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As I understand you algorithm is not really finite. You can solve Hesselink's problem for any real points. You use geometrical inerpretation of continued fractions. And this approach is more general (see discussion on How to find a closest integer point to intersection of two lines? here mathoverflow.net/questions/22777/… Generalisation of continued fraction algorithm on inhomogeneous case also known as Delone's “divided cells” algorithm, but details are not cleare for me. –  Alexey Ustinov Feb 21 '11 at 3:13
    
For me the continued fraction algorithm for approximating a rational number is really finite. It stops. My contribution is the proof of a theorem. It is not about how to construct something. The theorem is about lattice points. It would be wrong for real points. The proof exploits well known geometric properties of the continued fraction algorithm. –  Wilberd van der Kallen Feb 22 '11 at 15:19
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in 2008, an interesting applications of continued fraction to the theory of (generalized) root systems was found by Cuntz and Heckenberger. This result is obtained as a consequence of a deep connection between continued fractions and finite Weyl groupoids of rank two.

As you may expect, the notions of generalized root system and Weyl groupoids are related. Weyl groupoids are the right choice for studying certain aspects of Lie superalgebras (see this MO question). Weyl groupoids are also very important for the structure and the classification of an interesting family of braided Hopf algebras known as Nichols algebras.

Here you have the reference:

Cuntz, Michael; Heckenberger, István. Weyl groupoids of rank two and continued fractions. Algebra Number Theory 3 (2009), no. 3, 317--340. MR2525553 (2010h:20082), link, arXiv

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In 3-dimensional contact geometry, every contact rational surgery is equivalent to a sequence of $\pm 1$-surgeries on a link, determined by the continued fraction expansion of a function of the slope.

I think the result is originally due to Ding and Geiges, and is explained here (section 5). A similar scheme appears in the classification of tight contact structures on lens spaces, due to Honda (see here). Ozbagci and Stipsicz give a pleasant exposition of both (and many other) results in their book "Surgery on contact 3-manifolds and Stein surfaces".

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I like the application to the study of equal tempered musical scales, which, for example, leads to an the explanation of why (and in what sense) the standard scale of 12 semitones is optimal. A web search for "music, continued fractions" reveals lots of references. This one has some ideas that were new to me: http://doctroid.wordpress.com/2009/04/13/generalized-continued-fractions-and-equal-temperament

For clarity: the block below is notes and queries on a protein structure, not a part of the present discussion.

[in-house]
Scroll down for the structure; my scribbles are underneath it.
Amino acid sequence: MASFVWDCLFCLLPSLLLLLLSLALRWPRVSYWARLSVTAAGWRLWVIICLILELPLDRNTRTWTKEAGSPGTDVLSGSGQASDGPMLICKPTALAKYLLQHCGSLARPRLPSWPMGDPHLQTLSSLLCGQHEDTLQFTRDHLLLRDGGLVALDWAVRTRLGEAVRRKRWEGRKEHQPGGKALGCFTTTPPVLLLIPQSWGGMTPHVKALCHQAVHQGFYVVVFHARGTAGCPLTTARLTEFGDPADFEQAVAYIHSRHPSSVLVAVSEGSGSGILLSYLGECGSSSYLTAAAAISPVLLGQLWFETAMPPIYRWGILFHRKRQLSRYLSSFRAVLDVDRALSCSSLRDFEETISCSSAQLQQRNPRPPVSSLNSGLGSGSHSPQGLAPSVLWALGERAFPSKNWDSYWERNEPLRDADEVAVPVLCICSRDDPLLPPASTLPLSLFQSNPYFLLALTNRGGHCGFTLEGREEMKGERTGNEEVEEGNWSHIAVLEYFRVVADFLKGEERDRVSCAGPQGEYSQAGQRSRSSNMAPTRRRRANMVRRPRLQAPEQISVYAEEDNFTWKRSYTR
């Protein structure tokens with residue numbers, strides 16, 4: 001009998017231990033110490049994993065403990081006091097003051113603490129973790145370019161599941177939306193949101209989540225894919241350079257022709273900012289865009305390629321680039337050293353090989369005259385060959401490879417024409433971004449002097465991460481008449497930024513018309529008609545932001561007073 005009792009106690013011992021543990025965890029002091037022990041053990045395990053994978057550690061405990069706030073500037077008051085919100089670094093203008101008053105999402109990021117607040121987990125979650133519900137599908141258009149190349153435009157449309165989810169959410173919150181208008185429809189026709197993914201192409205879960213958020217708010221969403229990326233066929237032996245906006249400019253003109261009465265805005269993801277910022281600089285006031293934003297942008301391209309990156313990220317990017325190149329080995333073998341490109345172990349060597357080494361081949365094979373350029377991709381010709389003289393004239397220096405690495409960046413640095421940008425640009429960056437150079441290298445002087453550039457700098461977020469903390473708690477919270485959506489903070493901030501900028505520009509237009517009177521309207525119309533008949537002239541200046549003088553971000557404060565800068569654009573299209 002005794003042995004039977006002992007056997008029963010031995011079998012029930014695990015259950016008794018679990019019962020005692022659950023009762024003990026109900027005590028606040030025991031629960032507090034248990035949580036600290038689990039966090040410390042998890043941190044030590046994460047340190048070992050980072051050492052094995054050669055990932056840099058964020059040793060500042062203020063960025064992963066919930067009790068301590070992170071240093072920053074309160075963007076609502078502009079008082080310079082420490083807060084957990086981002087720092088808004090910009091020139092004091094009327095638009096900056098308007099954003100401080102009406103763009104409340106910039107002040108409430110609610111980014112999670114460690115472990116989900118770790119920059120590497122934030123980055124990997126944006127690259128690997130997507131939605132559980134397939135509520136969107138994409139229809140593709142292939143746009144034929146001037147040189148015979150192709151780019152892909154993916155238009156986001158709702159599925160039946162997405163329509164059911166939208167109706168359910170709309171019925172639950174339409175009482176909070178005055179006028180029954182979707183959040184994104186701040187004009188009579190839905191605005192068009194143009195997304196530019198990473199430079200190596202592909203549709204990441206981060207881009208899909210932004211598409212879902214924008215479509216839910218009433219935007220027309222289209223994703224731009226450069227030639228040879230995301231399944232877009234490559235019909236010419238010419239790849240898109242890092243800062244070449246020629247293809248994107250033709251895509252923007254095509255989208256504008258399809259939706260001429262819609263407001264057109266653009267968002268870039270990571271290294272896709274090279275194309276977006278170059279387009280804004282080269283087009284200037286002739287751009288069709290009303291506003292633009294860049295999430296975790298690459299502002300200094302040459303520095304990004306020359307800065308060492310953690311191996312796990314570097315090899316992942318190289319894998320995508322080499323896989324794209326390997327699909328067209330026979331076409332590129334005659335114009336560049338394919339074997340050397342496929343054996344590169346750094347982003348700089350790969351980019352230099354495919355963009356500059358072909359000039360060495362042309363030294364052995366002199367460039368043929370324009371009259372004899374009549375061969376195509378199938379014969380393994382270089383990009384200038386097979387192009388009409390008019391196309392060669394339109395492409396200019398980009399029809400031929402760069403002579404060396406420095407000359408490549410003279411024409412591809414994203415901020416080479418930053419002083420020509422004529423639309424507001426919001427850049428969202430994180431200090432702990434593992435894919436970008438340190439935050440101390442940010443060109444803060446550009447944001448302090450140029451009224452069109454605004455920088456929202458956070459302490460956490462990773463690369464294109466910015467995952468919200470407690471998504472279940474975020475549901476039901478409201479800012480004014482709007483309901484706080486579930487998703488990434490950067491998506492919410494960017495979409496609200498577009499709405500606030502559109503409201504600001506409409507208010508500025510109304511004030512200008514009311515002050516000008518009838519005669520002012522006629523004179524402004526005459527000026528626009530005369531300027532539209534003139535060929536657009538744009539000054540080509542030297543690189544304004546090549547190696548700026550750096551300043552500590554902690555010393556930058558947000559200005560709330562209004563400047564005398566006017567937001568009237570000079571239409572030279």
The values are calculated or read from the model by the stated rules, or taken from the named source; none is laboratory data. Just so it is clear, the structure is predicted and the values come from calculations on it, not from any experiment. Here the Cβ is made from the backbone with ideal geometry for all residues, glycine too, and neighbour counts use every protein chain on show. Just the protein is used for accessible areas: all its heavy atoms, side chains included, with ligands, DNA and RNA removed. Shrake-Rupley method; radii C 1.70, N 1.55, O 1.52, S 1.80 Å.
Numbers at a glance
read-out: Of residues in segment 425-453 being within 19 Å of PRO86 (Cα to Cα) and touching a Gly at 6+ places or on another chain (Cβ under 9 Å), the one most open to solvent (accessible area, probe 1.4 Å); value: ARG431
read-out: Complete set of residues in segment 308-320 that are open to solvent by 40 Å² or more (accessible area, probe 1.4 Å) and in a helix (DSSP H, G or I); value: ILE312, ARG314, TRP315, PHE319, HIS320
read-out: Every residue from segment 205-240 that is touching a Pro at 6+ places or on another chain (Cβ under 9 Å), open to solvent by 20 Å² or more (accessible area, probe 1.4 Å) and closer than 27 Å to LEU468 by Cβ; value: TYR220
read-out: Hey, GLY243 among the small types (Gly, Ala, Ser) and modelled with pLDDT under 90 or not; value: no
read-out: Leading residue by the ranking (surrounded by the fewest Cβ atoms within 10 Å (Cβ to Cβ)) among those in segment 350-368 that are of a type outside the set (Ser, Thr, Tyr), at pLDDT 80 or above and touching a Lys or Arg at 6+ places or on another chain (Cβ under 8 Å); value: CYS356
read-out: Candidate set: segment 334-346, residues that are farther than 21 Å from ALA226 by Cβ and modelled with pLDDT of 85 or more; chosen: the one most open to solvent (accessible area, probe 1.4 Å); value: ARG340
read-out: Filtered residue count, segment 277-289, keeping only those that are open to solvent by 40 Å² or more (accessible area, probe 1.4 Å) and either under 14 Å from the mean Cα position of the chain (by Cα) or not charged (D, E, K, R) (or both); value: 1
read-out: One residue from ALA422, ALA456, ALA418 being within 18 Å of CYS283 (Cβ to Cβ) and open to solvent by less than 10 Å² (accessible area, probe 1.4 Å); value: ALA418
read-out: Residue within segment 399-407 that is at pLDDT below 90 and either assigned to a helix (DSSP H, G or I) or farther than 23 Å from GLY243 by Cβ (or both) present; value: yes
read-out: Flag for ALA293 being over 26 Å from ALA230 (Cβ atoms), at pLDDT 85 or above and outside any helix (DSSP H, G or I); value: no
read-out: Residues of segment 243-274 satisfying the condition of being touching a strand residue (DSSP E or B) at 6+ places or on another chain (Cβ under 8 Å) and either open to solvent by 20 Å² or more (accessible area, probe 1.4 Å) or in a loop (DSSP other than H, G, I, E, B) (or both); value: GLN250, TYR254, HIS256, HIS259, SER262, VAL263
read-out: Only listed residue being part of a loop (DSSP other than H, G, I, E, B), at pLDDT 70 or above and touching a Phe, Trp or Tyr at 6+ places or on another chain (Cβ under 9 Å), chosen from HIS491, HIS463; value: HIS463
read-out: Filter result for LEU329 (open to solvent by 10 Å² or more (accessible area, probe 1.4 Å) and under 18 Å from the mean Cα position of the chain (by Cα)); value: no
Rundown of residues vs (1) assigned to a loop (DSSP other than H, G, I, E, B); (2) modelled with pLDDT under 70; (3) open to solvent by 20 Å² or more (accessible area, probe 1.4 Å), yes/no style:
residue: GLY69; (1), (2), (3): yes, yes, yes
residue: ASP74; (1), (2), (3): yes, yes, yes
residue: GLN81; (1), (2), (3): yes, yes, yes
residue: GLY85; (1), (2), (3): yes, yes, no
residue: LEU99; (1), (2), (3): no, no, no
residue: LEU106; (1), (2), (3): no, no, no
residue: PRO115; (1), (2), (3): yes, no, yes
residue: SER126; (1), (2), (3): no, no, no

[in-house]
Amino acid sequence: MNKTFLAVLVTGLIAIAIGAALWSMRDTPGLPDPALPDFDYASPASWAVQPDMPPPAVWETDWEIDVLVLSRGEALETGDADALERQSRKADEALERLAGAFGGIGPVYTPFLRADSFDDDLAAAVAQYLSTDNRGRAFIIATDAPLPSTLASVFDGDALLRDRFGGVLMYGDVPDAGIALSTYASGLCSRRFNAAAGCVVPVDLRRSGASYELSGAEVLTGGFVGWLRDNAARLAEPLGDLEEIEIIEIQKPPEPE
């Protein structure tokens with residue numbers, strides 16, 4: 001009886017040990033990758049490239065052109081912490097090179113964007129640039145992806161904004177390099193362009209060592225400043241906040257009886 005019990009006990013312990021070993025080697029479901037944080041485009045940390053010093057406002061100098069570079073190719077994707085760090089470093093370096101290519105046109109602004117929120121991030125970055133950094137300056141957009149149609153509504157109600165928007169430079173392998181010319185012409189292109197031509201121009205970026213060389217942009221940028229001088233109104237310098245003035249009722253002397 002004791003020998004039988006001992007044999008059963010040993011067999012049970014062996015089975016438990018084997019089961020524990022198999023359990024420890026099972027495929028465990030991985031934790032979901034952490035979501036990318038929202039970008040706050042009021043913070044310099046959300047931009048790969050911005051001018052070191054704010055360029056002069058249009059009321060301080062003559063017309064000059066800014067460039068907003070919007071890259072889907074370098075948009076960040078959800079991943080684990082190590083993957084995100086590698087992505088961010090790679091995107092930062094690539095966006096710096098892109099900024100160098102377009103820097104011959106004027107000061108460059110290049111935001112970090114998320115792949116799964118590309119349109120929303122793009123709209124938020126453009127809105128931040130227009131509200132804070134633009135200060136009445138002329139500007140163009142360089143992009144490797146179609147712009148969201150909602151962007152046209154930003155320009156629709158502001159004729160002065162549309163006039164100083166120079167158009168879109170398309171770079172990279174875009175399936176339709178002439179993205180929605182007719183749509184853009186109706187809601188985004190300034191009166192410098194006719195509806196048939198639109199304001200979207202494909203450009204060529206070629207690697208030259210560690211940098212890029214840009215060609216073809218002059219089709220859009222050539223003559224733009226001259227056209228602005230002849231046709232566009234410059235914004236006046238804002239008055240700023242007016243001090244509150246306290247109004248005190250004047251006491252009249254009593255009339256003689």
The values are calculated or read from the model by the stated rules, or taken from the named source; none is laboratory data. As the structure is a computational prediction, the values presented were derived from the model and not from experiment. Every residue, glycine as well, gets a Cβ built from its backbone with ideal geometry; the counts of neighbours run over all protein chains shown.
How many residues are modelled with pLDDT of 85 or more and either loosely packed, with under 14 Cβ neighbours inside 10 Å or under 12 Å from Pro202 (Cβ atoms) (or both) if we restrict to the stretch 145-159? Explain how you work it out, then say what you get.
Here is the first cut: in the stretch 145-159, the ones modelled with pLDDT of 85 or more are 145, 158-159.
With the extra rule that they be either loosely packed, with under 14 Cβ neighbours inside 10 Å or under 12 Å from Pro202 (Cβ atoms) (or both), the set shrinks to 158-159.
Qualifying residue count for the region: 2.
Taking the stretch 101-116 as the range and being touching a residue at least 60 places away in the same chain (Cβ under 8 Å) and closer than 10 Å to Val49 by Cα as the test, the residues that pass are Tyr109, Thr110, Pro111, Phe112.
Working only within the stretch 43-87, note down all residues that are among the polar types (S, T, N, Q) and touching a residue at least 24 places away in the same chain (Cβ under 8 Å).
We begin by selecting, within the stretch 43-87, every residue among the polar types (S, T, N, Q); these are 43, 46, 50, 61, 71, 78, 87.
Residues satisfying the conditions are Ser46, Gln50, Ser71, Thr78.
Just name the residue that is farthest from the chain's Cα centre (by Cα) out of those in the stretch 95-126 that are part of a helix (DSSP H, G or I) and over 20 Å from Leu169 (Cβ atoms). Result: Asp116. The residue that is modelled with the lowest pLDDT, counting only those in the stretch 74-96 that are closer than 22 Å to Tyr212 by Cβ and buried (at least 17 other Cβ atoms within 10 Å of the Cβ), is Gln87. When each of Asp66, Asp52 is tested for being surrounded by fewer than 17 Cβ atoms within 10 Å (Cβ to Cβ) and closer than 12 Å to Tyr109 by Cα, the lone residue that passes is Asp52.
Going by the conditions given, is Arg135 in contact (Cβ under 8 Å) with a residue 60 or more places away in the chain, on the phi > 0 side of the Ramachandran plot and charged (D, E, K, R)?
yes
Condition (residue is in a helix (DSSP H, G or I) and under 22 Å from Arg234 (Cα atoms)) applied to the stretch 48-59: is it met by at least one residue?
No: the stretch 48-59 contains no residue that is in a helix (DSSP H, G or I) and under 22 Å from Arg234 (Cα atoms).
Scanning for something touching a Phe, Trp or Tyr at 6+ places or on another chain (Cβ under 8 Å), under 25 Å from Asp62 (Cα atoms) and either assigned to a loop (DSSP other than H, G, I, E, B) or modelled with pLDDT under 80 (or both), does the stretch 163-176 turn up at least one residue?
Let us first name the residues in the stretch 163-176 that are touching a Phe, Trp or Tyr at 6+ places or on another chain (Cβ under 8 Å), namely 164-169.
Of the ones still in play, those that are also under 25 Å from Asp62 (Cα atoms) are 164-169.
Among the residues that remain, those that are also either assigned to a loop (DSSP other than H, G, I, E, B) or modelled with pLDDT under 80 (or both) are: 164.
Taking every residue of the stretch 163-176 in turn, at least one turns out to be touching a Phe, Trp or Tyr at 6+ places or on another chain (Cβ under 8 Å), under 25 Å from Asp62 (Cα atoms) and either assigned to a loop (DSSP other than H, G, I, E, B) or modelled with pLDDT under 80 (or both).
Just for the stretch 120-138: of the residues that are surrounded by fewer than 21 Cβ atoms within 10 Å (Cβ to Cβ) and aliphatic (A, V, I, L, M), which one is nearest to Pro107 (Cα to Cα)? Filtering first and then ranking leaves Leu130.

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Along the lines of the relationship between continued fractions and Padé approximants, there is the acceleration of convergence of slowly converging series and the summation of divergent series. These generally run along the idea of computing continued fractions from formal power series. Among the various algorithms developed from this approach are the epsilon algorithm and the Lanzcos algorithm .

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Related to 5) and 8), measurements of how random a Lehmer pseudo-random number generator $x_{n+1}\equiv ax_n+b\pmod m$ might be. Work of Dieter in the 1970s, I think it's also in Knuth's Art of Computer Programming in the section on random numbers.

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Yes, it is relates to 5) and 8) but I agree that this application should be mentioned separately. –  Alexey Ustinov Feb 20 '11 at 6:51
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M. Skopenkov gave a reference to criterion for a rectangle to be tilable by rectangles of a similar shape: C. Freiling, D. Rinne, Tiling a square with similar rectangles, Math. Res. Lett. 1 (1994) 547–558; M. Laczkovich, G. Szekeres, Tiling of the square with similar rectangles, Discrete Comput. Geom. 13 (1995) 569–572. This results related to construction of alternating-current circuits with given properties M. Prasolov, M. Skopenkov, Tiling by rectangles and alternating current, Journal of Combinatorial Theory, Series A 118 (2011) 920–937.

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Nearest integer continued fractions (NICF) can be applied to analysis of number's spectra and "eta-sequences". The spectrum of a real number is defined to be an infinite multiset of integers (see "Concrete mathematics") $$\rm{Spec}(\alpha) = \{\lfloor \alpha\rfloor,\lfloor 2\alpha\rfloor,\lfloor 2\alpha\rfloor,\ldots\},$$ and "eta-sequences" (see Some unpublished notes of Hofstadter) is defined by $$\eta_k(\alpha)=\lfloor (k+1)\alpha\rfloor-\lfloor k \alpha\rfloor.$$ This sequence has nice quasi-periodic structure and consists of segments of 2 types. Replacing these two segments by "1" and "2" we get new eta-sequence corresponding to $\alpha'=\min\{\{\frac1{\alpha}\},1-\{\frac1{\alpha}\}\}$. Such transformation is equivalent to one step in NICF expansion of $\alpha$. For example $$\eta(\sqrt2)=\{(1,2),(1,2),(1,1,2),(1,2),(1,1,2),(1,2),(1,2),(1,1,2),\ldots\}\to\\\to\{1,1,2,1,2,1,1,2,...\}.$$

This example is not purely finite but somehow interesting.